Ringgit to find support in domestic economy over mixed performance

Other economic indicators provided by the central bank last week are also perceived as supportive for further ringgit appreciation


The ringgit saw a mixed performance following the announcement of Malaysia’s GDP numbers last week as conflicting signals kept the local note trading at a high volatility.

Dovish signals from the US Federal Reserve (Fed) provided significant gains for the ringgit in 2019 with the currency 1.42% stronger against the greenback year-to-date (YTD).

Malaysia’s GDP also came in within or above most market expectations at 4.7% for the fourth quarter of 2018 (4Q18) and 4.7% for the full year, underlying strong domestic support for the local note to appreciate further this year.

However, expectations of Washington and Beijing reaching a trade truce by the March 1 deadline has renewed US dollar buying interest in the market. This caused the greenback to strengthen against most emerging-market currencies, while global growth fear is keeping the bulk of traders risk-cautious at the moment.

FXTM global head of currency strategy and market research Jameel Ahmad said Malaysia’s GDP growth underscores the resilience of the country’s economic fundamentals and provides support for the ringgit going forward.

“Malaysia’s fundamentals are expected to mitigate the downside external risks on its currency, including US-China trade tensions, slowing global growth and the Fed’s monetary policy outlook.

“Following the (GDP) announcement, the ringgit pared earlier intraday gains to fall in line with most major Asian currencies which have weakened against the US dollar,” he told The Malaysian Reserve (TMR).

Other economic indicators provided by Bank Negara Malaysia (BNM) last week are also perceived as supportive for further ringgit appreciation this year.

According to the central bank, foreign direct investment (FDI) in Malaysia had improved to RM12.9 billion in 4Q18, while its current-account surplus widened to RM10.8 billion.

“YTD foreign fund flows into the domestic equity markets and Malaysia’s current account surplus are also seen to be supportive of the ringgit, even with the wider fiscal deficit expected for 2019.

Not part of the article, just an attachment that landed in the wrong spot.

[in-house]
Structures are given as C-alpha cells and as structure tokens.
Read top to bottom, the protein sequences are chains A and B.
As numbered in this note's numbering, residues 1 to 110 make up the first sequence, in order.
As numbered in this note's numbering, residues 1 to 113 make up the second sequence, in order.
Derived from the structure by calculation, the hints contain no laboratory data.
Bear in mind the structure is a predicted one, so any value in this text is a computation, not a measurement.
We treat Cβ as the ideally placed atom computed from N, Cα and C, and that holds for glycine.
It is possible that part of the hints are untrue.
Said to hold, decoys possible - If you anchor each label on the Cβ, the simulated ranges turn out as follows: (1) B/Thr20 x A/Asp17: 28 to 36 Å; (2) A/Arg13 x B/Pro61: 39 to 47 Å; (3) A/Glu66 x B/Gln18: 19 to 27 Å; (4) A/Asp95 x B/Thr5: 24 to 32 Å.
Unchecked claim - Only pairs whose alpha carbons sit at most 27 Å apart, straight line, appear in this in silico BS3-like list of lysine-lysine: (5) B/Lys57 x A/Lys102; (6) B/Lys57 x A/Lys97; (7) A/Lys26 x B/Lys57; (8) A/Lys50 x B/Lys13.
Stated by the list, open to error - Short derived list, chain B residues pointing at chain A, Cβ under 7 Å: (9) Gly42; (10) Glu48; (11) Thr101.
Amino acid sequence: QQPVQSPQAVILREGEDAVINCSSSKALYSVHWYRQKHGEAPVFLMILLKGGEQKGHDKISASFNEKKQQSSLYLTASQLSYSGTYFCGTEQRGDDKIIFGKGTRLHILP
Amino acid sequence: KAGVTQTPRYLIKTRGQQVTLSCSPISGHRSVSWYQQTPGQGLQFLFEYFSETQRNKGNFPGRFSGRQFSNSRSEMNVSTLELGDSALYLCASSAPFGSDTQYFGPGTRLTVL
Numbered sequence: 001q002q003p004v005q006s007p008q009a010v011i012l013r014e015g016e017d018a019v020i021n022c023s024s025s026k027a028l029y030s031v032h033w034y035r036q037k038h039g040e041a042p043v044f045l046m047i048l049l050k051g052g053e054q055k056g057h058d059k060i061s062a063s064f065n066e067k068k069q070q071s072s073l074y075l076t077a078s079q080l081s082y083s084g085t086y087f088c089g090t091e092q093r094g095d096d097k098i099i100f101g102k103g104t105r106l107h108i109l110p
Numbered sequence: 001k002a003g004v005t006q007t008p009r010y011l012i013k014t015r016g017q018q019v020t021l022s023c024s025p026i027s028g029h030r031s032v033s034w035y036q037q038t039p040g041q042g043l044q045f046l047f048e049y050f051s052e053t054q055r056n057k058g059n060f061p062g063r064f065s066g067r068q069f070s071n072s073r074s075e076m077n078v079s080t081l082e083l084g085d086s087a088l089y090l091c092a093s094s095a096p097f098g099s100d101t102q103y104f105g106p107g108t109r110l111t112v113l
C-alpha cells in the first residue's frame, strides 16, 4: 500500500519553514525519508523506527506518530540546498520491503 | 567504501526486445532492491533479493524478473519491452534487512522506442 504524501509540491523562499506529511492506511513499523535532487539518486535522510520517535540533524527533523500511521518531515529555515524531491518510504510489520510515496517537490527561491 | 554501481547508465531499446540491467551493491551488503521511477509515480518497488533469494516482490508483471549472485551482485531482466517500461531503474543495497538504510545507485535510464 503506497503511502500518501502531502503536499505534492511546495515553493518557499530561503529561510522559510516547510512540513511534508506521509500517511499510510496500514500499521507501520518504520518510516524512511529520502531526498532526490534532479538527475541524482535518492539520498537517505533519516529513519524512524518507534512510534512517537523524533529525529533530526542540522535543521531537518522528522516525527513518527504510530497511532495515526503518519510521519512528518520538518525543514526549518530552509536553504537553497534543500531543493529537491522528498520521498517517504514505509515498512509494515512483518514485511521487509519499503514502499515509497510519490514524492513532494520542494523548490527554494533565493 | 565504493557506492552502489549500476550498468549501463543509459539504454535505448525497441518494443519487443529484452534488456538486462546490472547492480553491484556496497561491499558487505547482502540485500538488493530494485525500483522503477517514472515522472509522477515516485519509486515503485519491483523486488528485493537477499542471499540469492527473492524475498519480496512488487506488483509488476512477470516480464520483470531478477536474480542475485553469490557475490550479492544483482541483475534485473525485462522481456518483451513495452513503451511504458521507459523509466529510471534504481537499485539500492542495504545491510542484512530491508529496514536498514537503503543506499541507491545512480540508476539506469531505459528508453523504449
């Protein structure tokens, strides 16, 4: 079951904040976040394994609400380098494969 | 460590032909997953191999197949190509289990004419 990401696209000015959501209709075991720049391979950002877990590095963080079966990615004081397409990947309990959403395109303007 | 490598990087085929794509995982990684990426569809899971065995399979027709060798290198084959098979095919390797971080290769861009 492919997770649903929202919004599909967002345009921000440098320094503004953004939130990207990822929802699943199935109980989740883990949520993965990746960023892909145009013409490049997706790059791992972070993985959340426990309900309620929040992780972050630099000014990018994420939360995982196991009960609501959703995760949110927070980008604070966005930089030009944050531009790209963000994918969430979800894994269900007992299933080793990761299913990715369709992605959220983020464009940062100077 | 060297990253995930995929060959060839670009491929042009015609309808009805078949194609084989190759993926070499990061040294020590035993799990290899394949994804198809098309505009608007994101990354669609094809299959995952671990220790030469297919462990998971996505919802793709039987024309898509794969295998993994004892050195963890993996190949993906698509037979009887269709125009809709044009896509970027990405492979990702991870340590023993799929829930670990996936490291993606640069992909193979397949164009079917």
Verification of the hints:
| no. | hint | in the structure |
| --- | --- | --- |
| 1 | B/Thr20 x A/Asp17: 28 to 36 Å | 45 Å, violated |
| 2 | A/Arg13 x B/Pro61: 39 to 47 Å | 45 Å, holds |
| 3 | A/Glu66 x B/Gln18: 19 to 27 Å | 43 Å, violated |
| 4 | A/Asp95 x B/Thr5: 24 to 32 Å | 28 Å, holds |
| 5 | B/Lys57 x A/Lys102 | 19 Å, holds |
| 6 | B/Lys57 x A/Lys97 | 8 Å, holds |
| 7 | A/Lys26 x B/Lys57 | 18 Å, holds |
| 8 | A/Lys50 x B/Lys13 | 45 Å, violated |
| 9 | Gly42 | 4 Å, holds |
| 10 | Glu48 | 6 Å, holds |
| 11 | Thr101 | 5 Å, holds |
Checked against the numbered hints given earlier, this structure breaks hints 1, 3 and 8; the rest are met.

“However, the ringgit’s performance remains exposed to major external risks that can significantly shape global sentiment.

“Should the external picture show signs of deterioration, that may put downward pressure on the Malaysian currency moving forward,” Jameel said.

He said the resistance level for the US dollar-to-ringgit exchange is seen at RM4.0872 — its 200-day moving average — while a sustained breach below RM4.0675 may open a path towards the psychological RM4.05 level.

Meanwhile, Fitch Solutions Inc risk analyst for Asia Darren Tay said Malaysia’s 2018 GDP growth still represents a sharp slowdown from the 5.6% achieved in 2017, despite coming above expectations.

He added that the country’s GDP growth is expected to fall further in 2019 to 4.2% due to trade tensions, reduced government expenditure and a deteriorating investment environment.

“All else being equal, the narrowing growth differential Malaysia has over the US will also be negative for the ringgit.

“However, the ringgit has been on an appreciatory trend and we attribute this to an allocation of assets away from developed European economies which have souring growth outlooks compared to Asia,” he told TMR.

He said Asia remains the fastest-growing region in the world despite anticipations of slowing growth this year.